'Romeo & Juliet' stars' lawsuit over 1968 film's teen nude scene tossed
The actors' attorney denounced the decision and said they plan to file another version of the suit in federal court
A Los Angeles County judge on Thursday said she will dismiss a?lawsuit that the stars of 1968’s “Romeo and Juliet”?filed over the film’s nude scene, finding that their depiction could not be considered child pornography and they filed their claim too late.
Superior Court Judge Alison Mackenzie ruled in favor of a motion from defendant Paramount Pictures to dismiss the lawsuit brought by Olivia Hussey, who played Juliet at age 15 and is now 72, and Leonard Whiting, who played Romeo at 16 and is also 72.
Mackenzie determined that the scene was protected by the First Amendment, finding that the actors “have not put forth any authority showing the film here can be deemed to be sufficiently sexually suggestive as a matter of law to be held to be conclusively illegal.”
In her written decision, she also found that the suit didn’t fall within the bounds of a California law that temporarily suspended the statute of limitations for child sexual abuse, and that a February re-release of the film did not change that.
The actors’ attorney denounced the decision and said they plan to file another version of the suit in federal court.
“We firmly believe that the exploitation and sexualization of minors in the film industry must be confronted and legally addressed to protect vulnerable individuals from harm and ensure the enforcement of existing laws,” lawyer Solomon Gresen said in a statement.
The film and its theme song were major hits at the time, and — despite the nude scene that briefly shows Whiting’s bare buttocks and Hussey’s bare breasts — it was played for generations of high school students studying Shakespeare’s tragedy.
Director Franco Zeffirelli, who died in 2019 at age 96, initially told the two that they would wear flesh-colored undergarments in the bedroom scene that comes late in the movie and was shot on the final days of filming, the suit alleged.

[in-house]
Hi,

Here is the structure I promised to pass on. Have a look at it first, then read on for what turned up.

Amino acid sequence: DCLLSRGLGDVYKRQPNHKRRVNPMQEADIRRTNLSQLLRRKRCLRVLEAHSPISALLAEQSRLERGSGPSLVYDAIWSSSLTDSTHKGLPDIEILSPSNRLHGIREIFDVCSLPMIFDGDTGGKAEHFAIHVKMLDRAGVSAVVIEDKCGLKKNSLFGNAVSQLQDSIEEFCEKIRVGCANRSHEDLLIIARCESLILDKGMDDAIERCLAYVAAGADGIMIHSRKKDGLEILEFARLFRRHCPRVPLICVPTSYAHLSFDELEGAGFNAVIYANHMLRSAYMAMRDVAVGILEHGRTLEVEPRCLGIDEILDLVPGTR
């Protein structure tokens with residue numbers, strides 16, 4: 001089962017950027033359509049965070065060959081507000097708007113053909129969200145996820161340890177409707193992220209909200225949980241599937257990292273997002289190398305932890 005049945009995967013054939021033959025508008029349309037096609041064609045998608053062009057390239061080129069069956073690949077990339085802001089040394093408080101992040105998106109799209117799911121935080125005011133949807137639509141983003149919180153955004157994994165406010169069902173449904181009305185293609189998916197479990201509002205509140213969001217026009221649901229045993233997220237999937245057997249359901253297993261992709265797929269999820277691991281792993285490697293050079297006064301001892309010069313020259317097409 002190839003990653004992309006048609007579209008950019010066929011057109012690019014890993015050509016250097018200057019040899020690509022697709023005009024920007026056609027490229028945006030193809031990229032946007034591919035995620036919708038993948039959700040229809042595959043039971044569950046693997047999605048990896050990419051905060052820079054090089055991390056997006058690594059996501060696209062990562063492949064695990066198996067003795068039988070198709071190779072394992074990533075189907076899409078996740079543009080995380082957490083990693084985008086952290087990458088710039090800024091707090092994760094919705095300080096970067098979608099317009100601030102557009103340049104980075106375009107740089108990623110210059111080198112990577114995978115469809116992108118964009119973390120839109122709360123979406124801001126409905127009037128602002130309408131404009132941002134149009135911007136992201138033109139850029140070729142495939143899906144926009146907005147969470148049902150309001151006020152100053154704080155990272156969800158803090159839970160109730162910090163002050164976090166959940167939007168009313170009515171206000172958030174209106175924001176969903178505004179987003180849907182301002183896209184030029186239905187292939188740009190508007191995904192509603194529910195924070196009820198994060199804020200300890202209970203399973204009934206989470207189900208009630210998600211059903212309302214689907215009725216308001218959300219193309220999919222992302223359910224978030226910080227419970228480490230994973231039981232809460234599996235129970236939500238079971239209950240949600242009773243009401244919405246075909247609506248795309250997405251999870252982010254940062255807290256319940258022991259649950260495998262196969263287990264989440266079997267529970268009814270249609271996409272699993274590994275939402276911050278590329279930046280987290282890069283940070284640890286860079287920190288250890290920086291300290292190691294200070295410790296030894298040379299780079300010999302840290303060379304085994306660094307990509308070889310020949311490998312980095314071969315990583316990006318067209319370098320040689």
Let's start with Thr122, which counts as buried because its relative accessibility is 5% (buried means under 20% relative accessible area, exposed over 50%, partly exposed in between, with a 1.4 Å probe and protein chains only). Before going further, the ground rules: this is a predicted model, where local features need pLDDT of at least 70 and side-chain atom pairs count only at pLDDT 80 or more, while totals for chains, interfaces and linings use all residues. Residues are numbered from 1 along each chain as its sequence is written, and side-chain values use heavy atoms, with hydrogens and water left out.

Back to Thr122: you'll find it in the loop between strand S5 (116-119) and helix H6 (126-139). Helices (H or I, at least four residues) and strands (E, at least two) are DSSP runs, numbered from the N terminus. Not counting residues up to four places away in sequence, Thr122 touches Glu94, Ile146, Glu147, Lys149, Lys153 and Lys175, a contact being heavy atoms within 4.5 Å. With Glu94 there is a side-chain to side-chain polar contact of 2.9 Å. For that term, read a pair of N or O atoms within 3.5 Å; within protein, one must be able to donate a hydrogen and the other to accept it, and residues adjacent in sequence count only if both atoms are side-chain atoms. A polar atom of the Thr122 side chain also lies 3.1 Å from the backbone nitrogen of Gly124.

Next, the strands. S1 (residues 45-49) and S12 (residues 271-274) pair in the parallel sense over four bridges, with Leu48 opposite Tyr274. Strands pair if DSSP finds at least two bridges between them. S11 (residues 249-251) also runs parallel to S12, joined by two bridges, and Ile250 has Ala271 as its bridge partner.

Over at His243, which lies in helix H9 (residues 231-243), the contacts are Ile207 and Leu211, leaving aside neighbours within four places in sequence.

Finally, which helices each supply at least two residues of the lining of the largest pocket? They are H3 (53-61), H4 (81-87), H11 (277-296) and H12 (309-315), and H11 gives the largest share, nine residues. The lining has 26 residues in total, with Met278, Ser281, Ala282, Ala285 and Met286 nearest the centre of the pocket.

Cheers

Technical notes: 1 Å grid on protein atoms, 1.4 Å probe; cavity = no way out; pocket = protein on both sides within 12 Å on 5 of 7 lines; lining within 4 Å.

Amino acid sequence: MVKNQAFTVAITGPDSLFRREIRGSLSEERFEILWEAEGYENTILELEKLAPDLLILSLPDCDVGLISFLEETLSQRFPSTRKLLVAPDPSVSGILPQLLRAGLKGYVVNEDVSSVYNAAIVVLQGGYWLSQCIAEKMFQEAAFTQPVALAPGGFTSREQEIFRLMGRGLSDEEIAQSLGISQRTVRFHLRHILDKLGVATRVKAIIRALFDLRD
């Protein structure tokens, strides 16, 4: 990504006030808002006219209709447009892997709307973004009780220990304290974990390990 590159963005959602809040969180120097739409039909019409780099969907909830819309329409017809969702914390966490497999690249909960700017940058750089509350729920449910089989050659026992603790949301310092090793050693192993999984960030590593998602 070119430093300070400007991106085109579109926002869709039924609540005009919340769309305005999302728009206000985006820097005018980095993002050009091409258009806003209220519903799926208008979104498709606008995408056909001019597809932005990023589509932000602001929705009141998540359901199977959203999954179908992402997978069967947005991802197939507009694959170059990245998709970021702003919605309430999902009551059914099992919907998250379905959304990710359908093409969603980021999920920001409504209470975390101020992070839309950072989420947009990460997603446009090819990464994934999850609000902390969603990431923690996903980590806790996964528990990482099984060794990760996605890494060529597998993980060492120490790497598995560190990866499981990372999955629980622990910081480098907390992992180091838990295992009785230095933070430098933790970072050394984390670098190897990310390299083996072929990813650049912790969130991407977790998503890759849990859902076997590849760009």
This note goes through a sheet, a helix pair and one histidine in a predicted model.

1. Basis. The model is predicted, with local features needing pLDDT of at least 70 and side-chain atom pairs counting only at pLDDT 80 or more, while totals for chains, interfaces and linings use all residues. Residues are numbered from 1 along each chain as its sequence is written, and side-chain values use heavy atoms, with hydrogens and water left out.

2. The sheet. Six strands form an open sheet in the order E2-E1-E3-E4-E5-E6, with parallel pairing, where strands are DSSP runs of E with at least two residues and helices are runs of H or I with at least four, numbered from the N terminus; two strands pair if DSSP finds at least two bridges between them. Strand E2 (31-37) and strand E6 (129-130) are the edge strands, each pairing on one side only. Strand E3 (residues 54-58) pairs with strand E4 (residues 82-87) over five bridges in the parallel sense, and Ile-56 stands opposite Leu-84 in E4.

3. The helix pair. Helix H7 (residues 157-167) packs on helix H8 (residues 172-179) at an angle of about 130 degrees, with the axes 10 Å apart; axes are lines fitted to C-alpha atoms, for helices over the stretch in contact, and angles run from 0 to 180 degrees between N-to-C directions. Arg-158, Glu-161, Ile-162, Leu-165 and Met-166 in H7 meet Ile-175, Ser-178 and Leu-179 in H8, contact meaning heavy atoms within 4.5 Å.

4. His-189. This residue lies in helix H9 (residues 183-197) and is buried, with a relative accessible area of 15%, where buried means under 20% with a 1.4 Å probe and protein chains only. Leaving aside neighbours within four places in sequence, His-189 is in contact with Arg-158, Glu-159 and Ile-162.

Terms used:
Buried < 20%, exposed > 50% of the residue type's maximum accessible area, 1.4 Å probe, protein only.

But on the morning of the shoot, Zeffirelli told Whiting and Hussey that they would wear only body makeup, while still assuring them the camera would be positioned in a way that would not show nudity, according to the suit.
Despite those assurances, they were filmed in the nude without their knowledge, in violation of California and federal laws against indecency and the exploitation of children, the suit alleged.
Zeffirelli told them they must act in the nude “or the Picture would fail” and their careers would be hurt, the suit said. The actors said that the opposite occurred, that neither had the career the film’s success suggested, and that the fraud, sexual abuse and sexual harassment they underwent caused them emotional damage and mental anguish for decades. They had sought more than $500 million in damages.
The judge, though, found that the plaintiffs “cherry-picked” from the law and failed to provide legal authority for why it should apply to “purported works of artistic merit, such as the award-winning film at issue here.”
She quoted from an appeals court precedent that said child pornography is “particularly repulsive,” but “not all images of nude children are pornographic.”
The ruling relied on California law that is meant to protect the free speech of defendants from being squelched by lawsuits, and is often the first line of defense when lawsuits are filed.
An attorney for Paramount declined to comment about the ruling.
The Associated Press typically does not name people who say they have been sexually abused unless they come forward publicly, which Hussey and Whiting did.
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